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This I Believe - Episode 11

photo of GHS author Alicia Chen
Alicia Chen is a ninth grader at Guilderland High School. She grew up in Guilderland, NY and enjoys reading books, running, and eating rice.

The Asian Connection

By Alicia Chen

My parents are American citizens. However, they often say things like “Americans are so fat” when we go to a buffet, or “Americans eat too many sweet foods” when they take a sip of soda with a grimace, and “Americans are dumb because they’re too lazy and use calculators all the time” when I ask my dad what 219 divided by 9 is. This might be a bit ethnocentric, but it’s true that we’re a bit different from “Americans”. My parents grew up in China, went to USC for graduate school, and eventually moved to New York and became naturalized citizens in 2008. Both my sister and I were born here in the U.S.

When I was younger, I didn’t really understand the situation.

“Mommy, am I half Chinese and half American?”

“No, you’re both.”

“So that’s half and half, right?”

“No it’s not.”

“Then am I 80% Chinese and 20% American?

“No. It doesn’t work like that. You know your friend Jennifer? She’s half Chinese half American. You are 100% Chinese but you’re American.” I left the conversation more confused than ever, and settled on the fact that I was half and half. Sometimes I had even almost wished I was like everyone else. I remember being in preschool with my American friends. They were talking about having gone to the mall. When my parents pronounce the word, it comes out something like mawh. As my friends talked, I had no clue what this mysterious mall was. I told them that I’d never been there. Not until they mentioned Crossgates did I finally understand. These mispronunciation fiascos happen fairly often in my house. I had first thought that the ball in Times Square was a bowl because of my dad’s ambiguous explanation.

One of the things about my family that doesn’t come to mind when you think of Chinese people is that we’re Christians. We’ve been attending the Chinese Christian Church of Greater Albany for as long as I can remember. It’s at church where my best friends are. Almost all the Chinese people I know are through church. I love hanging out with other Chinese Americans. We have similar backgrounds, experiences, and values.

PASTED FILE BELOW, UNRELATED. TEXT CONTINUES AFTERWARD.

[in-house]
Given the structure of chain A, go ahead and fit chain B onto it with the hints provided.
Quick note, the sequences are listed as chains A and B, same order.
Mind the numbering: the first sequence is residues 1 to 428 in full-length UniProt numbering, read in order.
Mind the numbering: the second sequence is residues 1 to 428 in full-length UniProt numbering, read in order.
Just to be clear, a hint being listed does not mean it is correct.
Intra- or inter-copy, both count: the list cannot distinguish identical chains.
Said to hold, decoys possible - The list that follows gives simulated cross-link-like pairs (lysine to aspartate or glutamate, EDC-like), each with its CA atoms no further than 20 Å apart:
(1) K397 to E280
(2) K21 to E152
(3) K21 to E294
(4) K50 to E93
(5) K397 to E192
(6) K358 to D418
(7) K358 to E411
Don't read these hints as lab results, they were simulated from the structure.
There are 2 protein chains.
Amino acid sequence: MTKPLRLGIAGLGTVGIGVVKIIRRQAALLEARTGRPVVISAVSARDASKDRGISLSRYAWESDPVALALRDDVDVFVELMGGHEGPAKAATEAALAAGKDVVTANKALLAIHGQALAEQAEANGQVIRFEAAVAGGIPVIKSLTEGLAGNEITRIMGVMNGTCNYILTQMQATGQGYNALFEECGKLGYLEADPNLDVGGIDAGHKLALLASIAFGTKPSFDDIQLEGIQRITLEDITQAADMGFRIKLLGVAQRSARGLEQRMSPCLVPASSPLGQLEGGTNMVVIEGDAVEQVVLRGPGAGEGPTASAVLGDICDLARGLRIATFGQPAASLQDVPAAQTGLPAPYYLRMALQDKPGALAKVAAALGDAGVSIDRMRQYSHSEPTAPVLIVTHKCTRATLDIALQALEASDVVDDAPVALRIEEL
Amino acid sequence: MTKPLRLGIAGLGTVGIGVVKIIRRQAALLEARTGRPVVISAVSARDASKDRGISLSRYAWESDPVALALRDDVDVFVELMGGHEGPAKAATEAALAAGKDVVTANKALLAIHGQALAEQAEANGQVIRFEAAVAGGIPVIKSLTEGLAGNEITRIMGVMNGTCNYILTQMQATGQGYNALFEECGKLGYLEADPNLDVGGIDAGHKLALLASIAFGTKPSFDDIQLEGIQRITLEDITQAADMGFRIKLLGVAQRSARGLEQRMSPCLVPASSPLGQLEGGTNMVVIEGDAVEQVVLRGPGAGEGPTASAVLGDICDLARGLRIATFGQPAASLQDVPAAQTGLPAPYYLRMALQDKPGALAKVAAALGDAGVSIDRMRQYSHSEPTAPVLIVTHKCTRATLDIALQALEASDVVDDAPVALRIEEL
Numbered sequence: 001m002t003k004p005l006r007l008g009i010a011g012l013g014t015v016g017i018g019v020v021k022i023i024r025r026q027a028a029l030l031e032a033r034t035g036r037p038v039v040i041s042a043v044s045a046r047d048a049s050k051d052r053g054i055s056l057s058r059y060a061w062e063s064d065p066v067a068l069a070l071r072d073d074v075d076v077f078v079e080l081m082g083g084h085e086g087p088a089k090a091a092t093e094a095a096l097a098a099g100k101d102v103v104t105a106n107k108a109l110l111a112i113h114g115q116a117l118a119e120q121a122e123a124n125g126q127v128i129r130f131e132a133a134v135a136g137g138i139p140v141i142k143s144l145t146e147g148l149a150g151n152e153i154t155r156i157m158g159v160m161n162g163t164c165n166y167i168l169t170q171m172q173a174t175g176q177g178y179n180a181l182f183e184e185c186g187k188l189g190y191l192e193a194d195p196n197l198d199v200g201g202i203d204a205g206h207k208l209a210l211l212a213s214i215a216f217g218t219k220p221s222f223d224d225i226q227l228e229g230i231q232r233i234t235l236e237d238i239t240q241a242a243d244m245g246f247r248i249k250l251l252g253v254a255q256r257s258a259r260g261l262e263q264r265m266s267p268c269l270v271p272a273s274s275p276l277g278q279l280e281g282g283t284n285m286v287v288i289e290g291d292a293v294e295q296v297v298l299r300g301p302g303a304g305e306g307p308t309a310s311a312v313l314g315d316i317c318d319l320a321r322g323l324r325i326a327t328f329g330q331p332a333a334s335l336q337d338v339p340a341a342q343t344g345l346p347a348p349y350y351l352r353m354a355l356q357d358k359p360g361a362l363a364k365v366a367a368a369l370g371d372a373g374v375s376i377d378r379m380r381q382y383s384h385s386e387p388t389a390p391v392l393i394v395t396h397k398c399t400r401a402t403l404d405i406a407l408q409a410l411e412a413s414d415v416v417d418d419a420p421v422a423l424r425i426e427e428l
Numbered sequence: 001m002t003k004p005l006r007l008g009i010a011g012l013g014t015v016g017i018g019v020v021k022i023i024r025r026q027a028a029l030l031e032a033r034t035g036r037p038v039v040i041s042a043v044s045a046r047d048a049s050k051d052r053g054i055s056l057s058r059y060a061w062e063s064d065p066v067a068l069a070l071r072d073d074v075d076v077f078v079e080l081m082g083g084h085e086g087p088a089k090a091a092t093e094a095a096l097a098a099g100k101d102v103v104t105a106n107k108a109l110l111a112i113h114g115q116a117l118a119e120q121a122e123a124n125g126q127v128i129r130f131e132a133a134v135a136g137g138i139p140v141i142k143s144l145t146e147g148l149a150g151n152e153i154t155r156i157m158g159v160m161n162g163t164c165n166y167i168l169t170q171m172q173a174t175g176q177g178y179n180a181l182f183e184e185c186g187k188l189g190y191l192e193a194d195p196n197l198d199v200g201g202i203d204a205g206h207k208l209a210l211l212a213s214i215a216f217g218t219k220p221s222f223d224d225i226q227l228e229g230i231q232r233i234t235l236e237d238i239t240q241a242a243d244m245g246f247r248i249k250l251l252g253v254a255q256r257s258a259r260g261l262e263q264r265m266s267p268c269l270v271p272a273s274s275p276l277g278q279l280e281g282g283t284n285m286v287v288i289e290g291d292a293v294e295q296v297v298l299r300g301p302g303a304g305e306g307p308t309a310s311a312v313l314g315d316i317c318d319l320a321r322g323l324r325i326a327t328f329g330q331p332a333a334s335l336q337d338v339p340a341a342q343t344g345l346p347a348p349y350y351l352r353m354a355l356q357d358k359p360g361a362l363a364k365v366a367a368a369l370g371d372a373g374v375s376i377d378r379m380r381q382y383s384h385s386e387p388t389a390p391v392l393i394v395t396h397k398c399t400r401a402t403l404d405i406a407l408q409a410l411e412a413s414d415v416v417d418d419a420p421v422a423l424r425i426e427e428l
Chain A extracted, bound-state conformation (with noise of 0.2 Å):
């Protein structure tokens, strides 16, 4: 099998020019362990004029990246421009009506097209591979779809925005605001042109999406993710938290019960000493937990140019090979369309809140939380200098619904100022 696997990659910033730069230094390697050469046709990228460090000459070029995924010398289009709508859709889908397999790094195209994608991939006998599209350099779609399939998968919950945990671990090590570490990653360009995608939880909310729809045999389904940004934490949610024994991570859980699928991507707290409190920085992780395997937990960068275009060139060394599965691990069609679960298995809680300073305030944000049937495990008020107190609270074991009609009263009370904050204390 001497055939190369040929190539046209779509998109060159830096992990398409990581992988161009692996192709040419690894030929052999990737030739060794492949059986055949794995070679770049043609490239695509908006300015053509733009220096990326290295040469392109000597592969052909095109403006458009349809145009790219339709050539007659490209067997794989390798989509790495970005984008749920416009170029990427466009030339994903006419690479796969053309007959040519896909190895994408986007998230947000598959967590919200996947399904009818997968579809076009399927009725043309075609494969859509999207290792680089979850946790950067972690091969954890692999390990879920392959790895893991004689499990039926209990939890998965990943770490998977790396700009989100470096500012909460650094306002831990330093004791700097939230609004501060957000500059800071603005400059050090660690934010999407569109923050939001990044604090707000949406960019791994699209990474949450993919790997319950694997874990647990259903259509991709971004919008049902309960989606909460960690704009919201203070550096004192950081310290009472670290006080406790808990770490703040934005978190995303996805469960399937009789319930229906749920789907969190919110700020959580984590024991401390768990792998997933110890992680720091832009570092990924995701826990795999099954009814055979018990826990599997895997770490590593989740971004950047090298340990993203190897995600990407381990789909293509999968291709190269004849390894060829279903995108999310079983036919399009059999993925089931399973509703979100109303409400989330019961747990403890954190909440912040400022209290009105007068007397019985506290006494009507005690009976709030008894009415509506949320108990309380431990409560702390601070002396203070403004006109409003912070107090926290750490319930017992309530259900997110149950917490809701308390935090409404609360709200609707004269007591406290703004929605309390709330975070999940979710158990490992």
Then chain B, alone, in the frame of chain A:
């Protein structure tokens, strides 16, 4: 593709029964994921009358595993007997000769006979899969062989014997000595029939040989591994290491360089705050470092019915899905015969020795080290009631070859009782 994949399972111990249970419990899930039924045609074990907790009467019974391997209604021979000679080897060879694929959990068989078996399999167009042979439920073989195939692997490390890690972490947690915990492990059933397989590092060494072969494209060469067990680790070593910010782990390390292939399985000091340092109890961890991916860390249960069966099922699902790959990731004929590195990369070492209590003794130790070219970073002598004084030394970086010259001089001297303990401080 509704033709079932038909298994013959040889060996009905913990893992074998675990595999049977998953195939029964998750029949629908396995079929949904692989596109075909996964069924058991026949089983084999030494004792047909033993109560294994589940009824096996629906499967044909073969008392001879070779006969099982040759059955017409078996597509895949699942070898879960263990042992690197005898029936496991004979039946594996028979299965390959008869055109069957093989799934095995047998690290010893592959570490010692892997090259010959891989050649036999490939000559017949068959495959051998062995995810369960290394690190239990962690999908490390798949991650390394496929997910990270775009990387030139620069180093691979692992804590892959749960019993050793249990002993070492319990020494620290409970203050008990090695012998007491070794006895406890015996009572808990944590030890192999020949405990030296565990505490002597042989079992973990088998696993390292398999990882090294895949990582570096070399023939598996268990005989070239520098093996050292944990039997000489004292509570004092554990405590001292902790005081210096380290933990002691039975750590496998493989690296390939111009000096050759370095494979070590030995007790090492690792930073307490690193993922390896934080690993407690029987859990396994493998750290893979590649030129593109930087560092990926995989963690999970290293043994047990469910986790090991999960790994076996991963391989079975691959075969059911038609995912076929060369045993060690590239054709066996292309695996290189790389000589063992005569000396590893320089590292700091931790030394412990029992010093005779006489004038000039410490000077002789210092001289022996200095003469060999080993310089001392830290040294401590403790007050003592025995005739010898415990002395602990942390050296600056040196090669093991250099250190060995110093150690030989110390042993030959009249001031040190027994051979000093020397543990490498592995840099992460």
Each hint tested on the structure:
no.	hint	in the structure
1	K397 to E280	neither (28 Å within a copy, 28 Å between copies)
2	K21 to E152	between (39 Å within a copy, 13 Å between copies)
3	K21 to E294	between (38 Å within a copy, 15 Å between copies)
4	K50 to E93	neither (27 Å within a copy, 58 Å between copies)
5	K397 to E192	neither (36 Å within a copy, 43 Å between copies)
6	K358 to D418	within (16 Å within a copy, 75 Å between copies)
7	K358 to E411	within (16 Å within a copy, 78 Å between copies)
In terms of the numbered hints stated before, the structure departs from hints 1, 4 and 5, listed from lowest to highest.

Some common Chinese household values include academics, perfection, diligence, and being cheap. Pretty much every Chinese American I know at one point learned how to play piano. In my church, a very large portion of the kids take lessons from Shi Mu, our pastor’s wife. Lessons from Shi Mu have been a huge part of my life. As a kid, I dreaded the days I had lessons and groaned at my mom’s call, “Yao Yao, lai tan qing!” (Alicia, come practice piano!). I would then unwillingly and slowly crawl to the living room where the piano is. Life eventually got too busy, and my piano life has slowly declined to simply playing for our Bible study group every Friday. However, I can see my own childhood echoed in my seven year old sister, except now she has an extra person to yell at her. My mom is determined to make her practice every day, and forces her to stay put on the bench. Her disobedience and fidgeting many times ends in yelling and frustration, exactly as what happened to me. It seems a little extreme, but I have no grudges. How else are you supposed to learn?